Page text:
A Walk Through Wildlife Memories

There are days when I wish that I had started this blog, and writing in general, much sooner.

When I first began writing about wildlife, I’d no idea that it would inspire to become a writer in the field, and even less of an idea that I’d want to share my writing with other. However, it looks like that’s what has happened and that’s why I’m here now, trawling in through my earlier experiences with wildlife from my earlier days and hoping to bring those long cherished memories back to life once more.

Memory is a strange thing. Ever since I began documenting my day to day work, I’ve been in the habit of poring over my work and reminding myself of those times. As such, I often find that my memories of those events are now infinitely more sharp than those which I have neglected to record. With that in mind I decided to take a whimsical stroll down memory lane to revisit a few of the very best wildlife themed moments that I’ve not had the chance to discuss on this blog yet.

Fox spotting in Kent

In the years before the Fox Hunting ban, the country was similarly divided as it is today. There were many social justice issues that people cared about back then, but few were us explosively supported (or derided) as the ban on Fox hunting. Although the past-time was one that a very slim minority of Britons actively participated in, many Brits saw the attack on this institution as one against the nature of being British itself. During this time I had the opportunity to join members of Green Peace on over missions to protect foxes from those seeking to hunt them down; these days spent scrambling through private land weren’t without their risk, but the rewards were all worth it – I’m proud to say that I saved at lest 10 fox lives during that week.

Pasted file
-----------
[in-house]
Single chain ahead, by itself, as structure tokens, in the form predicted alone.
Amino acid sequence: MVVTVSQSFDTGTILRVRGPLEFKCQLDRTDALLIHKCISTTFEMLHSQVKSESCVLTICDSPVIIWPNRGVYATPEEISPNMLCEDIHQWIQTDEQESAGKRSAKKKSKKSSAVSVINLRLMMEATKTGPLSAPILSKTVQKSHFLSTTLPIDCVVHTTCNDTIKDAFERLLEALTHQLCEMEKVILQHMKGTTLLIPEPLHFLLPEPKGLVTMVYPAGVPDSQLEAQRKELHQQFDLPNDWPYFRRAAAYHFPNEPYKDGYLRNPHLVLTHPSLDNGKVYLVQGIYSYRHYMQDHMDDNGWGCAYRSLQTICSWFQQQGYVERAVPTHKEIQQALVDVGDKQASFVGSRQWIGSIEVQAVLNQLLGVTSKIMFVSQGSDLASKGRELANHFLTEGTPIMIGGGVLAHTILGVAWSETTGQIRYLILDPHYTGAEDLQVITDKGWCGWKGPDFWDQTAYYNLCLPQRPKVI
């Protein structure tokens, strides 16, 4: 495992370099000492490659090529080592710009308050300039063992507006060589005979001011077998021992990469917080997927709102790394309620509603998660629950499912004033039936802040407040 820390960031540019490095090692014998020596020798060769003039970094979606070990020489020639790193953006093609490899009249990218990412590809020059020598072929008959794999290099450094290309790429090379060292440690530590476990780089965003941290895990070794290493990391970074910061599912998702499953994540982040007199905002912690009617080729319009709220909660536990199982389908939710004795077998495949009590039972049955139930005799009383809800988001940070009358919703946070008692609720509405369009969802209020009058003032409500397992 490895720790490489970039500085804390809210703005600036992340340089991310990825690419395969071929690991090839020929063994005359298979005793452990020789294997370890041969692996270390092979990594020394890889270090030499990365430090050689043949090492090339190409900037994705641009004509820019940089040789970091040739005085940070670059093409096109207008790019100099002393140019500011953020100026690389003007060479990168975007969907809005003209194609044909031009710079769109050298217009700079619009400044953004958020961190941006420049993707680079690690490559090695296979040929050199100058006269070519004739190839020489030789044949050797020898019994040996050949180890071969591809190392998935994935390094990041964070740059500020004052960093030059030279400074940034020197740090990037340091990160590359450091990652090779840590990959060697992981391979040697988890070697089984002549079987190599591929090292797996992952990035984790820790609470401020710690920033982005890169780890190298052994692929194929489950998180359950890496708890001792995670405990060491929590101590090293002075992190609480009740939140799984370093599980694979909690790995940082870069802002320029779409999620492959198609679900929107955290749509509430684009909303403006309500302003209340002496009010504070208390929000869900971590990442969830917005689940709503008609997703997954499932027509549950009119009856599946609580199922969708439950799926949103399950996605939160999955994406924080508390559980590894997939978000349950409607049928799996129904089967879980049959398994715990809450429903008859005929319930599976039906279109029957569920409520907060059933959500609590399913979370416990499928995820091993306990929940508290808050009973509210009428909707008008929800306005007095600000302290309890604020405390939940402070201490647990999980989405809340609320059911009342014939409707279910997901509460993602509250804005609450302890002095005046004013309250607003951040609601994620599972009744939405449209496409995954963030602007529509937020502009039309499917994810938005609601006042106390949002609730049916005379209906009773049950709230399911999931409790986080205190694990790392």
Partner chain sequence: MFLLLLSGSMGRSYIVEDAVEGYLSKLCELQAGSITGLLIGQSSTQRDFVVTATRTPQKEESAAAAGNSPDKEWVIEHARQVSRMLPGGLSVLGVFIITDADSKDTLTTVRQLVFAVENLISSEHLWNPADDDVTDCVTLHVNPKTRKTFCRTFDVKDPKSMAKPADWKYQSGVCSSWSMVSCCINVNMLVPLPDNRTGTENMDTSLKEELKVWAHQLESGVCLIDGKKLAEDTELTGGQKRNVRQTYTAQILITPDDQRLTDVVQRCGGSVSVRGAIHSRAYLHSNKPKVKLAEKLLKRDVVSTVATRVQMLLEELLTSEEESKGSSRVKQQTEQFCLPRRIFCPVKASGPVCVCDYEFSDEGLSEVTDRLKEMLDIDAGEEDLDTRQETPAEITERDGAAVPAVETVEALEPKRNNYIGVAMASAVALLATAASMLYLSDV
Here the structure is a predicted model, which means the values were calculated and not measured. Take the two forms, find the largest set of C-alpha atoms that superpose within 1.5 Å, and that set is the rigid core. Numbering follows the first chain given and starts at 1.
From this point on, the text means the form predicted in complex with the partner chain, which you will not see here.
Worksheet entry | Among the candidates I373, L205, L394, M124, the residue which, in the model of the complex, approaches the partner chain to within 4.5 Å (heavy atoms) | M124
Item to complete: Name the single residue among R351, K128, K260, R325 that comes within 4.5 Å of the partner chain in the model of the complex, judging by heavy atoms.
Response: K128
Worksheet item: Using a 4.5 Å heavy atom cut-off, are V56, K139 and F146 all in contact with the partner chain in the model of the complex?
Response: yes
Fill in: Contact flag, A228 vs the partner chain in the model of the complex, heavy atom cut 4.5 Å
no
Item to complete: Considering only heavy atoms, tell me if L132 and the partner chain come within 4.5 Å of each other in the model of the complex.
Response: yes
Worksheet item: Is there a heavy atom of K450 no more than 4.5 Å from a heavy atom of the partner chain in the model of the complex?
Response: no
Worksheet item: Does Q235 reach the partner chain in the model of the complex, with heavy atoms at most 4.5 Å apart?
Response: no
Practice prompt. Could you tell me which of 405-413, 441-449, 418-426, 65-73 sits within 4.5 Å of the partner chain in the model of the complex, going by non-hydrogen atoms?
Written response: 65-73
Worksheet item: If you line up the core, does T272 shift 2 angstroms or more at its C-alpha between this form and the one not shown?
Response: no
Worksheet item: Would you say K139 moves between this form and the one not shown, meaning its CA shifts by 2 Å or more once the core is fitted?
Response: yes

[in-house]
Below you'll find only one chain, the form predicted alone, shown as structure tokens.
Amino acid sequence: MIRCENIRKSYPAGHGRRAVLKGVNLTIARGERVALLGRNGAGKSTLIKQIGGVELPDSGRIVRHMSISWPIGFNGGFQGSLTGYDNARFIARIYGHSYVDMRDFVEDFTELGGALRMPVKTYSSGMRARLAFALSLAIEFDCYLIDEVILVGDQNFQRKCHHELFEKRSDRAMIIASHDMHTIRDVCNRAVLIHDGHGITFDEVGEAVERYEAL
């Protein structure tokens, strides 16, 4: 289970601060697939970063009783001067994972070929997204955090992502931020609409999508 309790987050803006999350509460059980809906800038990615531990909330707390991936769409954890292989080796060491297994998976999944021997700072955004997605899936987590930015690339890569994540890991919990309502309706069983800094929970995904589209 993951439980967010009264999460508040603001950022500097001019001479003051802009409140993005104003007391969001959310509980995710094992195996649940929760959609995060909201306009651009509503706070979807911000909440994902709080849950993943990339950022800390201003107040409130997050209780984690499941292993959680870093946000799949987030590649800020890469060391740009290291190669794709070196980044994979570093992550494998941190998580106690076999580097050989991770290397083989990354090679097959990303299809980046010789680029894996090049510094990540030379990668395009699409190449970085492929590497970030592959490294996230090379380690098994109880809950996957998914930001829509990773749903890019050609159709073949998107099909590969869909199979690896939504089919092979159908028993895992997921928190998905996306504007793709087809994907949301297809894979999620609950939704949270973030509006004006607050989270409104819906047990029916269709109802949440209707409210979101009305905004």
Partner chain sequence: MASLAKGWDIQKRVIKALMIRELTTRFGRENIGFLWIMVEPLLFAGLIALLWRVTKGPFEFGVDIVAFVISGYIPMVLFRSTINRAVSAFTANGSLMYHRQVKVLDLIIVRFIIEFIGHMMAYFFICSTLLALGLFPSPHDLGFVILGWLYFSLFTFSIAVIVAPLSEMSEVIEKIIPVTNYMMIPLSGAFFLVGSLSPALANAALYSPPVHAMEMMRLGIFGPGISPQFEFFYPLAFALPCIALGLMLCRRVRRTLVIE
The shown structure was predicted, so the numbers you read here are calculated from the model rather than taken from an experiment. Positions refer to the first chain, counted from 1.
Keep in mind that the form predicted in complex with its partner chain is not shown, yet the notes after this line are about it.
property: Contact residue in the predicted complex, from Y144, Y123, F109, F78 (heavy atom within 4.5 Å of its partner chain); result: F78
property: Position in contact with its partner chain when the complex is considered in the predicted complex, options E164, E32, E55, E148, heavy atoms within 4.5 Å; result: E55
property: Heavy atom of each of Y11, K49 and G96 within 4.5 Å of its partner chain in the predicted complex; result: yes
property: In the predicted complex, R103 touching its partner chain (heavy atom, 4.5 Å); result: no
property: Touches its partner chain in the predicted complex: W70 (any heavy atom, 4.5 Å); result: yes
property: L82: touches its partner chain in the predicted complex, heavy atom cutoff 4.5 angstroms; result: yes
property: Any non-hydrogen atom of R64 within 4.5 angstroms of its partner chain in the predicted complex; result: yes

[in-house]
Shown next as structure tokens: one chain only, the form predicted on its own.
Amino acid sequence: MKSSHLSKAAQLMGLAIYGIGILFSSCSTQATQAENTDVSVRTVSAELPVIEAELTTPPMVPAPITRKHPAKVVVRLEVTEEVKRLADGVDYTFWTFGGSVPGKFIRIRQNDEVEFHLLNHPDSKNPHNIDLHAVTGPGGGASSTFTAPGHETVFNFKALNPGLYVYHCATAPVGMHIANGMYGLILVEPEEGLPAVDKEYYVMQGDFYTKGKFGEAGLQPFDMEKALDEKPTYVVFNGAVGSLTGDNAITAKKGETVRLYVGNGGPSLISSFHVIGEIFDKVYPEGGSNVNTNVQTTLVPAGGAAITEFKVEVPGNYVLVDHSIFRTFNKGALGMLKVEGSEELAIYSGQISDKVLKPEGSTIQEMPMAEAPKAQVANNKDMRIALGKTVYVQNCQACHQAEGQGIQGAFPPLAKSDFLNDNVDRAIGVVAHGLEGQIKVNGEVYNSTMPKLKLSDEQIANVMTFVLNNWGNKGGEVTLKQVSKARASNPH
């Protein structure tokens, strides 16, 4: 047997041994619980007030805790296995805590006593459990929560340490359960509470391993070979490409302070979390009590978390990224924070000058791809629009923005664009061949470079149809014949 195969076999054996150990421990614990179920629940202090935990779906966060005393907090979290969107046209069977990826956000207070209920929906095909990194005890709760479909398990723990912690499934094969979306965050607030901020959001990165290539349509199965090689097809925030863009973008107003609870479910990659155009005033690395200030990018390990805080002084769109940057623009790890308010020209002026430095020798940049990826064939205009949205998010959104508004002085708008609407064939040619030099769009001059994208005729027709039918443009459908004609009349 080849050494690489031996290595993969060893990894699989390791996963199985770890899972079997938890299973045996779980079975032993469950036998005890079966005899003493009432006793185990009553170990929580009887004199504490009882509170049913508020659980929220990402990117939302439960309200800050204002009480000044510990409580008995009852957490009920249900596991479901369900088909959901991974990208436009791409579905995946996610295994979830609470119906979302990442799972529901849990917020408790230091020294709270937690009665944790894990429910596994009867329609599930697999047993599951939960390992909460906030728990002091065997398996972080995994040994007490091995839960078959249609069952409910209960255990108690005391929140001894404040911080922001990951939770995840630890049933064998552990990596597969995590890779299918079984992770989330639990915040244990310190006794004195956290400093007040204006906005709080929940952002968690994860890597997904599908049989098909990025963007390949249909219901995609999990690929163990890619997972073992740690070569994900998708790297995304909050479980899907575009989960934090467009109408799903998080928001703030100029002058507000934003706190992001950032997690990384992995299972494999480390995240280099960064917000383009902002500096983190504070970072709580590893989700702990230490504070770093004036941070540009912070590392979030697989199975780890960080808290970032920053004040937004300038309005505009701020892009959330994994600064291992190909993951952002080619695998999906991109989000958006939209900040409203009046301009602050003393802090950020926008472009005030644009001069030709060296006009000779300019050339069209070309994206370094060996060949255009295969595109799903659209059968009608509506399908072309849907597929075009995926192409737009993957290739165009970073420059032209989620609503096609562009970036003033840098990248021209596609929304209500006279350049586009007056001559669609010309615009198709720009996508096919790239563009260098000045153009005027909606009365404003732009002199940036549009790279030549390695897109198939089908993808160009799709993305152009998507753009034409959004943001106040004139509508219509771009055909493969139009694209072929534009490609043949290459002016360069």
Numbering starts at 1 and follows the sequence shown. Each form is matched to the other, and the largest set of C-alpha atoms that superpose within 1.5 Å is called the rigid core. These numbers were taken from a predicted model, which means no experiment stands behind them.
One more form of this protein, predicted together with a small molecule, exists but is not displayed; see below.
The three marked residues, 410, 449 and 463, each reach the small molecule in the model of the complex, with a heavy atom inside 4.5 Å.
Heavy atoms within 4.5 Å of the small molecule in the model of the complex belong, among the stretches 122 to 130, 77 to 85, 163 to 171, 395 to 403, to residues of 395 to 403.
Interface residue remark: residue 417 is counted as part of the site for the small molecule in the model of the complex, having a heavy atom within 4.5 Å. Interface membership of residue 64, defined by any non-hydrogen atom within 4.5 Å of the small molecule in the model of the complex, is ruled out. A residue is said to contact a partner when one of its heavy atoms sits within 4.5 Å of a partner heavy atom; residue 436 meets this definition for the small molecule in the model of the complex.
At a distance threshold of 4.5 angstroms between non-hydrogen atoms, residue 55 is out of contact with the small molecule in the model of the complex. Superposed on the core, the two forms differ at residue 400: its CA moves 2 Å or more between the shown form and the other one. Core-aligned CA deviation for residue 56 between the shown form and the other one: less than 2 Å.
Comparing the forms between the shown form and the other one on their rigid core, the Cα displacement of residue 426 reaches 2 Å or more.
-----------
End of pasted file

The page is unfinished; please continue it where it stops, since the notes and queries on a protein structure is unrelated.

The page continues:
Rescuing badgers on the Isle of Wight

In the late 1980s a strange fashion trend gripped Eastern Slovenia and a British species of mammal bore the brunt of this phenomena. I was in my first year of university at the time studying Photography, I’d yet to take an active interest in wildlife, but this story brought me into contact with the plight of an animal that I could not ignore. Badgers had become the target of a vicious group of fur traffickers who were intent on finding as many they could and shipping them to mainland Europe for captive breeding and skinning. This was the first wildlife project that I covered and it led me to completely reconsider my purpose as a photographer and how I should shape my career.

Counting bats in Wookey Hole

If you’ve ever spent any time with scientists then you’ll already know that they’re a ‘unique’ bunch, to say the least. One of my first encounters with a research scientist was at Wookey Hole, a natural marvel and a perfect place to spot bats. This particular scientist had been spending months counting bats at Wookey, in the hopes of proving his thesis that their populations were being diminished by a change in the local environment. I spent three nights with this passionate person, cataloguing bat numbers and developing a pretty serious appreciation for these strange little creatures.

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